Ching nicely weaves TOC, Lean, Agile and engineering best practices in a relatable, enlightening and clever tale of an organization struggling to cope with the harsh realities of business and how they embrace (reluctantly ) a new way of thinking to beat almost insurmountable odds. A must read for Agile teams at any stage along their journey.
— David Pemberton - amazon.com
It is a difficult task to write an easy to read book that introduces a concept from one industry to another. Business novels aim to ensure nothing gets lost in the translation of concepts, ideals, and hope that the reader can realise the value of the endeavour. Rolling Rocks Downhill is a novel that has been a long time in the making, and thankfully Clarke has succeeded in writing a worthy TOC introduction that does not alienate veterans of either process.
— D.P - amazon.co.uk
This business novel, written in an engaging fashion, is filled with practical ideas to help software development teams make the transition to more agile software development methods as well as find solutions to the seemingly intractable choices that need to be made during a development process. It may not show you how to save money, but it will help you focus on ways to make more money.
— Jay Bakst - amazon.com
So if you’re looking for a great way to introduce people to or explain the concepts of Agile and Lean this is the best way I can think of. It’s not a course book, it’s a great story. Well written, with characters people can relate to, in a world they’ll instantly recognise.
If you were/are looking for a way to ask your boss to try Agile and couldn’t think of a way to get the message across - buy her/him this book :)
— "Amazon Customer" - amazon.co.uk
Makes understanding Theory of Constraints as easy as... well, rolling rocks downhill
— Colin - amazon.co.uk
Wow! Just finished @clarkeching’s “Rolling Rocks Downhill” Couldn’t put it down. Buy it, read it, share with your team. #agile #TOC #Lean
— Ian Brockbank, Software Leader, @badgertaming
I’ve read The Goal and The Phoenix Project and they’re both good, but this is better. A believable business novel that deals in a realistic way with real problems. You can read a longer review on my blog at http://claysnow.co.uk/rolling-rocks-downhill/ , but the conclusion is the same: read this book if you want to learn new approaches to improving software delivery.
— Seb - amazon.co.uk
Inspiring from the start, very well written management novel in the spirit of (The Goal - which it recommends to no end) and The Phoenix Project (Which could learn a thing or two from Ching’s writing style). A book that stays with you whenever you have to find a solution to deliver the relevant features fast.
— Hans - amazon.co.uk
Written as a business novel in the style of Eliyahu Goldratt’s book “The Goal” (which has clearly had a major influence on Clarke Ching’s thinking), it’s easier to read than a text book and somehow the ideas seem to sink in more too. The ideas seem obvious (especially in hindsight!) but this book brings home quite how much effect on the bottom-line a few simple changes can have. Hardly any software companies are practicing them. This is a book that needs to be read widely. It will boost the economy!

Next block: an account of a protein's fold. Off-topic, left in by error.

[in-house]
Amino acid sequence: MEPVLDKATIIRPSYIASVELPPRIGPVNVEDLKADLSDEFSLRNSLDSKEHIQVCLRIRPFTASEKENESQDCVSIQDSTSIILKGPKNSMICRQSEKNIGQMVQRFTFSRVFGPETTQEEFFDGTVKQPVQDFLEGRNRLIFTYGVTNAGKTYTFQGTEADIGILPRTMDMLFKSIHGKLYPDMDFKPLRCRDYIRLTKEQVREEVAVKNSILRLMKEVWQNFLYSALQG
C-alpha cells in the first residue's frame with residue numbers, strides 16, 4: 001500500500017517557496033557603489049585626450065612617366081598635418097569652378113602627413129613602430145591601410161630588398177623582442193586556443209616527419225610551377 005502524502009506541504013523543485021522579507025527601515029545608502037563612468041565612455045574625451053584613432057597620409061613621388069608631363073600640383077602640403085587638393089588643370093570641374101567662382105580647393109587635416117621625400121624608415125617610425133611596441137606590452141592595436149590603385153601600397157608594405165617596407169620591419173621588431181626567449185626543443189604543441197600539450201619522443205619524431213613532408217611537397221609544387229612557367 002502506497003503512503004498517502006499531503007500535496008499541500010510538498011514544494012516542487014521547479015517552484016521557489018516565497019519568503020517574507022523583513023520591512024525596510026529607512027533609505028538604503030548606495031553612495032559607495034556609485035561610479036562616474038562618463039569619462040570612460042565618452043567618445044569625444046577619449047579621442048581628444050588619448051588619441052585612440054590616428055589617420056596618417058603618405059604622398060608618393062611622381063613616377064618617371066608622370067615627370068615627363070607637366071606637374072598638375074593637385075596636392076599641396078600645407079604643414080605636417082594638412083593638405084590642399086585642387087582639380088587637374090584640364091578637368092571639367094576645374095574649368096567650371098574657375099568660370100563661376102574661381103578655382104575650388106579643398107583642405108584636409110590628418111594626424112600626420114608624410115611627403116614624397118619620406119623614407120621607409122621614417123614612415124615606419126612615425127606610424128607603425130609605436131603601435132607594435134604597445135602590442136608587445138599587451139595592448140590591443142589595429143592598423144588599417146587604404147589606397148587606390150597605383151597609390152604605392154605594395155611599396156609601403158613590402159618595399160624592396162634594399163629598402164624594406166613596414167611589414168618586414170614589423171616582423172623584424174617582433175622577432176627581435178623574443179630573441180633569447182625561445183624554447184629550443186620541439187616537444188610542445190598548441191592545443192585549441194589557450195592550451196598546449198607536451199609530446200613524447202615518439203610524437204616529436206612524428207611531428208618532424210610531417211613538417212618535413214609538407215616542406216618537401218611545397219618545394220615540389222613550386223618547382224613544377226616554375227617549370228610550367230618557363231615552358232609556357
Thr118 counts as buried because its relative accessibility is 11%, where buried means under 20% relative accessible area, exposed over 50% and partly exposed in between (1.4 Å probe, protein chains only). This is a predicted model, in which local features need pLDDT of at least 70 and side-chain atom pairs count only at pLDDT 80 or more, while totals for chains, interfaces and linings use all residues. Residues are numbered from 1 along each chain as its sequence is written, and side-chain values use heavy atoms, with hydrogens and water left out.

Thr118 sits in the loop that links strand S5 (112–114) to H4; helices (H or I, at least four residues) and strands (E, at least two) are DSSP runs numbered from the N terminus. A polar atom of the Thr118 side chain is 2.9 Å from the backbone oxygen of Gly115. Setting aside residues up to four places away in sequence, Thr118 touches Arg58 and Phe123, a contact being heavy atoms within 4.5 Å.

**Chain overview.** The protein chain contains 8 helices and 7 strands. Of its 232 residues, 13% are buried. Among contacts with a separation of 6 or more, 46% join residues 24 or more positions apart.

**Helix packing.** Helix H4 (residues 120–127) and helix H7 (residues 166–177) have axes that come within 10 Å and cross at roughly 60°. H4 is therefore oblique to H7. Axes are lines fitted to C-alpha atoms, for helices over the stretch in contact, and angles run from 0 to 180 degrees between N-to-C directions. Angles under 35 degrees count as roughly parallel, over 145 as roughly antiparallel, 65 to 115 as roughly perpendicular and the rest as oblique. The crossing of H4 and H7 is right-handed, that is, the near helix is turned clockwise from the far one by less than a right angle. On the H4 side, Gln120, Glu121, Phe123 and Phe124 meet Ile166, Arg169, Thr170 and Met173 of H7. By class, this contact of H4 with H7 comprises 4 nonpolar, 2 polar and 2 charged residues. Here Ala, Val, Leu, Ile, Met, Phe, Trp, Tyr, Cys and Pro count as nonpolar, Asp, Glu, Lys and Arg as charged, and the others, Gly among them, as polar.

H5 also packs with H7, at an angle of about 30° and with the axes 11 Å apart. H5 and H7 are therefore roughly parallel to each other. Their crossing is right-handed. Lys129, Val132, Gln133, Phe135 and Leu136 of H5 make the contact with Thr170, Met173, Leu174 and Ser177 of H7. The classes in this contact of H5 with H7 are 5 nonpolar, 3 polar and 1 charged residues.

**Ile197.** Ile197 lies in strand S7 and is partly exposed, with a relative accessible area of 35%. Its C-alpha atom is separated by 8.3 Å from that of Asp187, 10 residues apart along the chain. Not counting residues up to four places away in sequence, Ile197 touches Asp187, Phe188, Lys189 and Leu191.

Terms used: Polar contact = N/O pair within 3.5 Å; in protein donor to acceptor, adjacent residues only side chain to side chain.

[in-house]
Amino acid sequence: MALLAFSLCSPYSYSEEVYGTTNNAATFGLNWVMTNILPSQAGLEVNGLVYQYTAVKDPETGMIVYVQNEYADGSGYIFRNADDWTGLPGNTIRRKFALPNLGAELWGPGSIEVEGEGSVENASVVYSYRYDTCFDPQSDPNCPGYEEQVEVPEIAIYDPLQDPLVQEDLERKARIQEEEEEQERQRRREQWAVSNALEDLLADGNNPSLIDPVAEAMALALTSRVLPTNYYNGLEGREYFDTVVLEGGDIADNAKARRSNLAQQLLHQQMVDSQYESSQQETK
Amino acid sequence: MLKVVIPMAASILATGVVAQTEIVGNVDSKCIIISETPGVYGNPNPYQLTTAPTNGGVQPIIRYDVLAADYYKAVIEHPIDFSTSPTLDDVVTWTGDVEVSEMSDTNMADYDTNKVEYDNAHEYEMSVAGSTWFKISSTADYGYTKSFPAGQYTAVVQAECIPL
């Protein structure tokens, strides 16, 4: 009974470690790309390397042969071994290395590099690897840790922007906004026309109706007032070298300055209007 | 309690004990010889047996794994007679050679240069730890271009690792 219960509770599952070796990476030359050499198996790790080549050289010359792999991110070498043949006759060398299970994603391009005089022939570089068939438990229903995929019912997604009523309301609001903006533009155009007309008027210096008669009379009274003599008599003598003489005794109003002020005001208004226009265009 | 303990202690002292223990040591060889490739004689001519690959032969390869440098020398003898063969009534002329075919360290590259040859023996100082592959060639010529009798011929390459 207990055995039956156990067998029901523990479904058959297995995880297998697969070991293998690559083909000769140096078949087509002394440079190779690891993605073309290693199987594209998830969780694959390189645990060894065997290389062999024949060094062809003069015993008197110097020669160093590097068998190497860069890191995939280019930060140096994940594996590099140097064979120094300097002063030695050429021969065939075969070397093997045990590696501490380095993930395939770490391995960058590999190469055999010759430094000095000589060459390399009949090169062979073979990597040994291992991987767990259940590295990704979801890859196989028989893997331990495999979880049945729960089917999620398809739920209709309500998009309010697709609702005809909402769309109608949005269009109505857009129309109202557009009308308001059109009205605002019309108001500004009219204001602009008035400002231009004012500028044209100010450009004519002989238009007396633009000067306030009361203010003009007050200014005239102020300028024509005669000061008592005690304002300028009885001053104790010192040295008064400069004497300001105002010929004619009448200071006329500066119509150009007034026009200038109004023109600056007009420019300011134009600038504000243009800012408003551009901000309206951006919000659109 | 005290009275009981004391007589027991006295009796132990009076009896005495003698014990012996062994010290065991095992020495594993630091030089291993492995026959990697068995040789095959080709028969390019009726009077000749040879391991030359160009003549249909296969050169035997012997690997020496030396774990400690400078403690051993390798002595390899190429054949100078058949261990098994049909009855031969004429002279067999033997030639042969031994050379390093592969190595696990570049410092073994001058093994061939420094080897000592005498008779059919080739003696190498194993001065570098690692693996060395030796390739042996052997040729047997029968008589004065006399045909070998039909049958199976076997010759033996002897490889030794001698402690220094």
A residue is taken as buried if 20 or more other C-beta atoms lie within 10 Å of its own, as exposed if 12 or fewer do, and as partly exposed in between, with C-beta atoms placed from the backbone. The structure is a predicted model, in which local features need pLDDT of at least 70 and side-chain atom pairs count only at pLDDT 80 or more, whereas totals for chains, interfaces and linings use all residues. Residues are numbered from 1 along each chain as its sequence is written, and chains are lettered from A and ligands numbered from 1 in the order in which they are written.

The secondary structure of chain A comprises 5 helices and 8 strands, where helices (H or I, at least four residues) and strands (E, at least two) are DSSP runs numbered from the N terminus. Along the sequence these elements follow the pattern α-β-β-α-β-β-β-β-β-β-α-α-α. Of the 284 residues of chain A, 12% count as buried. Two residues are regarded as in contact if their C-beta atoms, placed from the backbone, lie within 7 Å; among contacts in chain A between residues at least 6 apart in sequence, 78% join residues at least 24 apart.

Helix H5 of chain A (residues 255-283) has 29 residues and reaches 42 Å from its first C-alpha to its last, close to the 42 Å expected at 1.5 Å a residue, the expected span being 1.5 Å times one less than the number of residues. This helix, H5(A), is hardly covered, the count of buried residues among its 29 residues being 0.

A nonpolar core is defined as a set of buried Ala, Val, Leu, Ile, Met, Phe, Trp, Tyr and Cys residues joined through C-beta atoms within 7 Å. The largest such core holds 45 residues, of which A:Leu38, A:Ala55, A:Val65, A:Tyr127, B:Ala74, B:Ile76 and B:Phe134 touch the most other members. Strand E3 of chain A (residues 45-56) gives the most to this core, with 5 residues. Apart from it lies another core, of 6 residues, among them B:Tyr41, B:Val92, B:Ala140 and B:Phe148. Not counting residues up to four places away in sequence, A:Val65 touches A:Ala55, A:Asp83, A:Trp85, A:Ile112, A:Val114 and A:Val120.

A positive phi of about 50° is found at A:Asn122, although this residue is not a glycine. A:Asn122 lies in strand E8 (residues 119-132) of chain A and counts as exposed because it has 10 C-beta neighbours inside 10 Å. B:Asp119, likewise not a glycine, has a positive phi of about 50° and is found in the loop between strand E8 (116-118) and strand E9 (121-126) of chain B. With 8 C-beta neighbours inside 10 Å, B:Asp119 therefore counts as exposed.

— David - amazon.co.uk
Author has beautifully narrated every day software delivery problems and how convincingly is able to provide solutions!!
Good inspiration!!
— Mani - amazon.co.uk


This is a great read. It tells you the basics truths about software development, which you’ll also happily learn apply to many other aspects of life too. The story is also highly engaging. If you’re in software development this will be a good way to understand the concepts in practice as part of a transition from wherever you are now to something different. If you’re in an agile team already, then this will help you understand the ‘big picture’ away from the daily practices, and remind you of why the practices are there. Go read it, deploy the concepts and have a brighter future. Just don’t think about small batches.
— Bruce - amazon.com

Thank you Marco Calzolari,, Mantova, Italy

A very enjoyable read for those unfamiliar with Agile or why it works from a business perspective. Does not delve too far into specific systems or methodologies, but serves as more of a giant case study into the transition from Waterfall / Traditional project management into Agile.
— Christopher Alexander "Deuce"
A-ha! moments of insight await newbies and experienced practitioners alike, along with a valuable reminder that it takes the contributions of many to overcome the complex challenges of product development. I will be sure to come back to it time and again whenever I find myself in need of inspiration.
— Gillian - amazon.com
Moving from a manufacturing background to software I understand how these concepts of small batches, limiting WIP, baking in quality and fast feedback make total sense...all wrapped up without the need to mention agile once. Selling Agile is always difficult to those who maybe see it as some sort of cult! I find that people are more receptive to these concepts which are equally at home in the catering trade, manufacturing cars or creating software products. I have started recommending this book as similar blockers arise in my own field, its a good story that will linger in the mind longer than some faceless text book.
— Ivan - amazon.co.uk
If you are struggling to understand Agile this book shows you the benefits and leaves you wondering why the processes aren’t picked up faster.

A good read and prepares you for the next steps on the path
— JohnBr - amazon.co.uk
Beside being a great business novel, this is a truly touching story. The characters are detailed and come alive, which is rare for this genre. Even rarer, it’s often hilarious, sometimes emotionally gripping and, never breaking pace, keeping you on the edge, making it hard to put it down.

If you’re not working in or with IT, it gives you a glimpse in how Lean and Agile concepts and methods are changing the work. If you do work in or with IT, it makes important concepts, especially the Theory Of Constraints, approachable.

Clarke Ching is a master in finding metaphors that make such concepts easy to explain and for that alone, this novel is a fantastic treasure trove.
— Marc - amazon.co.uk